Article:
“Payments to Broker-Dealers and Other Financial Intermediaries — If you purchase the Fund through a broker-dealer or other financial intermediary (such as a bank), the Fund and its related companies may pay the intermediary for the sale of Fund shares and related services. These payments may create a conflict of interest by influencing the brokerdealer or other intermediary and your salesperson to recommend the Fund over another investment. Ask you salesperson or visit your financial intermediary’s Website for more information.”
Information included in the Summary Section need not be repeated elsewhere in the prospectus. The SEC has stated that it believes the Summary Section for each fund can be presented in three or four pages. The SEC had proposed that a list of the fund’s 10 largest holdings be included in the Summary Section and Summary Prospectus. Many comments submitted argued that such information could be misleading, and the SEC decided to eliminate this requirement.
In addition to the Summary Section content, the Form N-1A amendments will now require that a fund include its exchange ticker symbol on the cover page of the prospectus and the cover page of the Statement of Additional Information (“SAI”).
Prospectus Delivery Obligations—Use of Summary Prospectus
With certain minor exceptions, the content of the Summary Prospectus required by new Rule 498 should be the same information required in the Summary Section, and in the same order. If a fund files a 497 “sticker” to its statutory prospectus to change any information in the Summary Section, the Summary Prospectus also must be “stickered” to reflect the changed information.
Under the new rule, a mutual fund may satisfy its prospectus delivery obligations by delivering only the Summary Prospectus to investors as long as specific requirements are met, including:
- The Summary Prospectus, statutory prospectus, SAI, and most recent annual and semi-annual reports to shareholders are accessible, free of charge, at a Website, which Website must be disclosed on the cover or at the beginning of the Summary Prospectus.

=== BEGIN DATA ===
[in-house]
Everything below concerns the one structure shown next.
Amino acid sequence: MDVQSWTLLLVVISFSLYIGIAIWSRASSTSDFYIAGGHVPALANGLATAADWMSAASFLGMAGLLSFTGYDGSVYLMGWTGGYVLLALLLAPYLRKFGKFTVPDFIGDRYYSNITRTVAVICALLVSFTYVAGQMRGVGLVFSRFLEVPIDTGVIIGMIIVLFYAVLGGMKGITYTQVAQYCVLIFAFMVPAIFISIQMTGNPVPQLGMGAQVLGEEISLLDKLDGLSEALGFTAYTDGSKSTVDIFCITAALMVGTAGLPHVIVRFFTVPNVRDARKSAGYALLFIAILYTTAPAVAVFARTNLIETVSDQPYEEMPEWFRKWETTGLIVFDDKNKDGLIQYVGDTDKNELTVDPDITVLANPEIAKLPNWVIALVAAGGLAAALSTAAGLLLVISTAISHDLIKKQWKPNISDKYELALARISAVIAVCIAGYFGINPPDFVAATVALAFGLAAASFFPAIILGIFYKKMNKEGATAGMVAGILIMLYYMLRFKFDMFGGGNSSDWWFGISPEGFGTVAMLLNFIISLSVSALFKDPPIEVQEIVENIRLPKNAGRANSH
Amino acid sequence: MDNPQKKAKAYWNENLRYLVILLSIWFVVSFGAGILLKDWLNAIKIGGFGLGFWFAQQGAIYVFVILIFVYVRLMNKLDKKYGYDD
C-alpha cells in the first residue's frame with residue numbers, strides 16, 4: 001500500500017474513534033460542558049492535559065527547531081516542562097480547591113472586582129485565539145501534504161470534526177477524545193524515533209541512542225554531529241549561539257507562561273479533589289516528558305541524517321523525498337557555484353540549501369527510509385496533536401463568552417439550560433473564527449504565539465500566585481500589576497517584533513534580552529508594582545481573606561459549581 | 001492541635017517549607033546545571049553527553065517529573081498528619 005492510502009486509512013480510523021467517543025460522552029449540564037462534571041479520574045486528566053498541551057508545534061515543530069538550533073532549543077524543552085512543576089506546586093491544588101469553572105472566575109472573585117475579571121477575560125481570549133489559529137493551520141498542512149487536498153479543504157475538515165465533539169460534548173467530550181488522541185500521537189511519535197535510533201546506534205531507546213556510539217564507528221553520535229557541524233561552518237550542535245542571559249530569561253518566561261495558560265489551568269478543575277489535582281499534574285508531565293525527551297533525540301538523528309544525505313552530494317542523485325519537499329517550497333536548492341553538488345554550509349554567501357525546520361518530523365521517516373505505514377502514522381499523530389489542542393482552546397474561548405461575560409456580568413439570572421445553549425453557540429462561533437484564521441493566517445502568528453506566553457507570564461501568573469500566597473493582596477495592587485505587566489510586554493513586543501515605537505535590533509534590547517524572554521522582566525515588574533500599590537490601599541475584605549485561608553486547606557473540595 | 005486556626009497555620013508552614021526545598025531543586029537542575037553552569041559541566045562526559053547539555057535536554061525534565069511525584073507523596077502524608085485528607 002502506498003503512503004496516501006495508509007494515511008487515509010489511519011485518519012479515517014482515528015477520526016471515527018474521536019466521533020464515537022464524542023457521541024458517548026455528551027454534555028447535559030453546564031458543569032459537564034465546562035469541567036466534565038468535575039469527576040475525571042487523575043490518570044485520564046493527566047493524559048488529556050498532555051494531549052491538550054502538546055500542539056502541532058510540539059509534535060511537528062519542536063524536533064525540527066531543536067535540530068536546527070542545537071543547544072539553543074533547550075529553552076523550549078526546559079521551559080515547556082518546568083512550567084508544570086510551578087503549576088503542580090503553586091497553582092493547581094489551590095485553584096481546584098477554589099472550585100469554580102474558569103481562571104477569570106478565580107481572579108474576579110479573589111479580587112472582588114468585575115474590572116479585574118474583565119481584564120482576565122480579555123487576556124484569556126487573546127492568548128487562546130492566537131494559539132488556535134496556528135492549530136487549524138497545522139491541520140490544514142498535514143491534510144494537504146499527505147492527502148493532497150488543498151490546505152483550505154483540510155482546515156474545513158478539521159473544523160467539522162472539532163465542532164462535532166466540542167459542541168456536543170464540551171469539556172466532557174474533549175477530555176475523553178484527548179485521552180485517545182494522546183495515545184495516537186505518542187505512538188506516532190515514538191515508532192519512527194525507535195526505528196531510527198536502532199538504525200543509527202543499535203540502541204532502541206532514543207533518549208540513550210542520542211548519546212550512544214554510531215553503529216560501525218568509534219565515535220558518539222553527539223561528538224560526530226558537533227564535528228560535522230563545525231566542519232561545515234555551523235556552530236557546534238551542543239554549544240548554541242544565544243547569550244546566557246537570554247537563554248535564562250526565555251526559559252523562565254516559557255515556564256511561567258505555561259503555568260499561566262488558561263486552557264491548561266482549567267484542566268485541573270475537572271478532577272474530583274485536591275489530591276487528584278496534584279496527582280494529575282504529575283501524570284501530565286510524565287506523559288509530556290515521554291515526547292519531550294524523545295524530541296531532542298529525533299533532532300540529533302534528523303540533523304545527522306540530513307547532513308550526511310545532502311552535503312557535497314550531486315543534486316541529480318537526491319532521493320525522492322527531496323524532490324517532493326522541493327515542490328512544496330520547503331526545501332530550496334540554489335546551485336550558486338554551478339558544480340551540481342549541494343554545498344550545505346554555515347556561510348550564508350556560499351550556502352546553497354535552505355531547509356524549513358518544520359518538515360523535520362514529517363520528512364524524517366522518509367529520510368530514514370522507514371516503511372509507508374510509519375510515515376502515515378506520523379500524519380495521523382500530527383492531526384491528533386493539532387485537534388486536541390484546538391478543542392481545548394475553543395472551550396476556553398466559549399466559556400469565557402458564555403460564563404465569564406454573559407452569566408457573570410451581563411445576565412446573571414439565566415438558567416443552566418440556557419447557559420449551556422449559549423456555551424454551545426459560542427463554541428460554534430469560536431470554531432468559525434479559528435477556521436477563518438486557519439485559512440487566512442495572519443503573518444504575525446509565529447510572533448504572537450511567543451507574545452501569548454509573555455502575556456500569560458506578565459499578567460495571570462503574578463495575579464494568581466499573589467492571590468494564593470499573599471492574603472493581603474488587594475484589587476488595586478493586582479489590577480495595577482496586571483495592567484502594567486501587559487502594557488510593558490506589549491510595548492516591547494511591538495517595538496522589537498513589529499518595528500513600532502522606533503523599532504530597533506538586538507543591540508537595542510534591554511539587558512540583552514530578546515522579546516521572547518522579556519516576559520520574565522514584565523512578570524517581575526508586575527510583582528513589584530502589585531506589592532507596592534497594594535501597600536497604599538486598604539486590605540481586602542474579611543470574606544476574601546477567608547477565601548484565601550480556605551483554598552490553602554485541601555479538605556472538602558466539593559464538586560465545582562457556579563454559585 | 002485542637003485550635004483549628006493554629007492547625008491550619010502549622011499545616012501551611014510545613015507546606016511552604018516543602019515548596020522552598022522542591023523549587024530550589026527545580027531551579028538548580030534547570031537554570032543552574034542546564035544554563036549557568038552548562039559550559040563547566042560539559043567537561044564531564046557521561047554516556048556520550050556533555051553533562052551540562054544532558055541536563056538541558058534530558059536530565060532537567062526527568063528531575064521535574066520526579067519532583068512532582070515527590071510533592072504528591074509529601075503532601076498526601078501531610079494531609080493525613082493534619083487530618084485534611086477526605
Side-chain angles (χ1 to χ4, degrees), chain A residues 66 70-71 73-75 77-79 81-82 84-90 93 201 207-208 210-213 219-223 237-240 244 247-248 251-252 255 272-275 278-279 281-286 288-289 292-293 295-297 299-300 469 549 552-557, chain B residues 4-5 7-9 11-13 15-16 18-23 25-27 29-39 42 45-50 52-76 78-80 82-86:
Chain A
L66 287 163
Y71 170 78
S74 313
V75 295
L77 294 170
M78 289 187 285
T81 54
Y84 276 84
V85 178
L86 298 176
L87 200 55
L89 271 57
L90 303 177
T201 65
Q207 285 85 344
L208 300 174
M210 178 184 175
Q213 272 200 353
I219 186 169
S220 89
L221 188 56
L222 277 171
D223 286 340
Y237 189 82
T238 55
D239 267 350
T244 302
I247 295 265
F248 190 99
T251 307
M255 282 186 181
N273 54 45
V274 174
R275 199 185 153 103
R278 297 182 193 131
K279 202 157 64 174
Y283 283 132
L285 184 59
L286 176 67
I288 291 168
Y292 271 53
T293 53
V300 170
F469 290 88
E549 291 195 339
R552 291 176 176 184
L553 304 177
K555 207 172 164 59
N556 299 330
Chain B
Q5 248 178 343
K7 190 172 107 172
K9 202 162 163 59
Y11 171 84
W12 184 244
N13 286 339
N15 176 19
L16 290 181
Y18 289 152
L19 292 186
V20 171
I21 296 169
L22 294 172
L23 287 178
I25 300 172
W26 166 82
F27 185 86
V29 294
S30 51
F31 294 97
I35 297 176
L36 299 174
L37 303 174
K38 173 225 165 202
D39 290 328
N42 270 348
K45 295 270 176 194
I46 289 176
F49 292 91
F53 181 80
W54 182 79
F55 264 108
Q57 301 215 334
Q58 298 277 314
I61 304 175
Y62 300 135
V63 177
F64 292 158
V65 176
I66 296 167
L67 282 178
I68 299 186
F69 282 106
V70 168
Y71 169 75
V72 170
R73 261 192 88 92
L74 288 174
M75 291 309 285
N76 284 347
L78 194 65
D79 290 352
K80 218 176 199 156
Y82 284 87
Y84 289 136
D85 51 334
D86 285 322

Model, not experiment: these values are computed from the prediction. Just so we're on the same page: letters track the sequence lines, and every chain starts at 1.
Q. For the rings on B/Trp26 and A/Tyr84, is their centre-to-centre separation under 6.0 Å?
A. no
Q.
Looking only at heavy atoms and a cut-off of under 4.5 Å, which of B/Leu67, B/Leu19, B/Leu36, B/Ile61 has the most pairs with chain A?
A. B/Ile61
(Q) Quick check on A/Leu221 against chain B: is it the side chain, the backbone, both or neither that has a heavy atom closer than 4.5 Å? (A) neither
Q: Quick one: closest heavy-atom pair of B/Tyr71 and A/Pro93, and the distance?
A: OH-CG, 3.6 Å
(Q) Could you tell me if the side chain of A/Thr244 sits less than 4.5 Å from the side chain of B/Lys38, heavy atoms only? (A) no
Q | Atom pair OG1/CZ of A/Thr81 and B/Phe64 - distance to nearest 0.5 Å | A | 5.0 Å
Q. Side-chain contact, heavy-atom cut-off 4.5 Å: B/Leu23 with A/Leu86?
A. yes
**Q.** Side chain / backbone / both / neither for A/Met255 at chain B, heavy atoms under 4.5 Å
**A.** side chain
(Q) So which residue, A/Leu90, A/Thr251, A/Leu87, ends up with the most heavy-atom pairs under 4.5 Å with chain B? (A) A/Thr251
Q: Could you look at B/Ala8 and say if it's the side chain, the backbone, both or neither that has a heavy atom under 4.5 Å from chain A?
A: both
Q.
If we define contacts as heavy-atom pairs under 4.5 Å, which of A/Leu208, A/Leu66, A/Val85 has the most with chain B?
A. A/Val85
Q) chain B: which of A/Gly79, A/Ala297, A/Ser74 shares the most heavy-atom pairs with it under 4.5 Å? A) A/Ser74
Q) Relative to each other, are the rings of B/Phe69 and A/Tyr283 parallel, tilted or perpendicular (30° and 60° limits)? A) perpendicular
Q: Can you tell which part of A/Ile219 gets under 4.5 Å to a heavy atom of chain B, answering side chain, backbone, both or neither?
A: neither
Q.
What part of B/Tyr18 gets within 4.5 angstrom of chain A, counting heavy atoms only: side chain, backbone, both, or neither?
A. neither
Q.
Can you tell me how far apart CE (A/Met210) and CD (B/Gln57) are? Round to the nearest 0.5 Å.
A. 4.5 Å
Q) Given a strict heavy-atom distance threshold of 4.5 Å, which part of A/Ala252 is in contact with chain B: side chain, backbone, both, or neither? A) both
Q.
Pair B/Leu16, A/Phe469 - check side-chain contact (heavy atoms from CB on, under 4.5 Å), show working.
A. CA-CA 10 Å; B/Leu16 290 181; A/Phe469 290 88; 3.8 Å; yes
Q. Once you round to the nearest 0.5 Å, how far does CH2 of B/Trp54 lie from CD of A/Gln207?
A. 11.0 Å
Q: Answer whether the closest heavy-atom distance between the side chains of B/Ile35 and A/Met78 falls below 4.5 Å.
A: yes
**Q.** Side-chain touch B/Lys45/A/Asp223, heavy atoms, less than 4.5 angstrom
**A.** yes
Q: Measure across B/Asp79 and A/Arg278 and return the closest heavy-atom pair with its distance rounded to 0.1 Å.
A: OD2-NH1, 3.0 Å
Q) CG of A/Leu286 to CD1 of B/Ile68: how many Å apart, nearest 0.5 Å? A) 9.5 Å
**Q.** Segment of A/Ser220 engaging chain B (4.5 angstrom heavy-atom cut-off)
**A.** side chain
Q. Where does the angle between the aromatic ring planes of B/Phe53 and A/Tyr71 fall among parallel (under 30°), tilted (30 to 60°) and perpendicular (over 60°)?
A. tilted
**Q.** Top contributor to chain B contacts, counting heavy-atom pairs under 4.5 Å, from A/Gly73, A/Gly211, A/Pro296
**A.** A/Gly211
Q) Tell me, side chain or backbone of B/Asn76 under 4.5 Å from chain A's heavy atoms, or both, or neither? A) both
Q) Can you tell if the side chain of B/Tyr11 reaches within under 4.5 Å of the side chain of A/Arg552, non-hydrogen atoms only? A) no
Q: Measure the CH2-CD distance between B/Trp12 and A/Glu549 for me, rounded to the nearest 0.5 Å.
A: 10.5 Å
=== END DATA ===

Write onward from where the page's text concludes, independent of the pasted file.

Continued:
- These disclosure documents must be accessible online for at least 90 days after the Summary Prospectus is delivered to investors.
- Investors must be able to retain an electronic version of the disclosure documents through downloading or otherwise, free of charge.
- The full statutory prospectus and the SAI on the Website include a table of contents with hyperlinks connecting a reader to the relevant sections within the document.
- A reader must be able to hyperlink between the Summary Prospectus and the related sections within the statutory prospectus and the SAI.
Funds are also required to send an investor, upon request, a paper copy or an email containing an electronic copy, or a direct link, to all the disclosure documents required to be online. In adopting the release, the SEC stated its desire to have investors choose “whether to review a fund’s information on the Internet or whether to receive that information directly, either in paper or through an email.”
Incorporation by Reference
A fund is permitted to incorporate by reference into the Summary Prospectus information contained in its full statutory prospectus, SAI and shareholder reports. The SEC acknowledged that part of the industry’s reluctance to use the “profile prospectus,” adopted in 1998, were liability concerns stemming from the abbreviated nature of the document and the inability to incorporate by reference important portions of a fund’s registration statement. The SEC explained that the Summary Prospectus is not a “self-contained” document but “one piece in a layered disclosure regime.”
The effective date of these amendments was March 31, 2009. All initial registration statements, and all post-effective amendments that are annual updates and filed on or after January 1, 2010, must comply with the amendments. Post-effective amendments filed to comply with these Form N-1A amendments should be filed under Rule 485(a), which means that they will not have immediate effectiveness and should be filed at least 60 days prior to the desired effective date (which is usually the date on which the fund’s financial statements become “stale” under Section 10(a)(3) of the 1933 Act).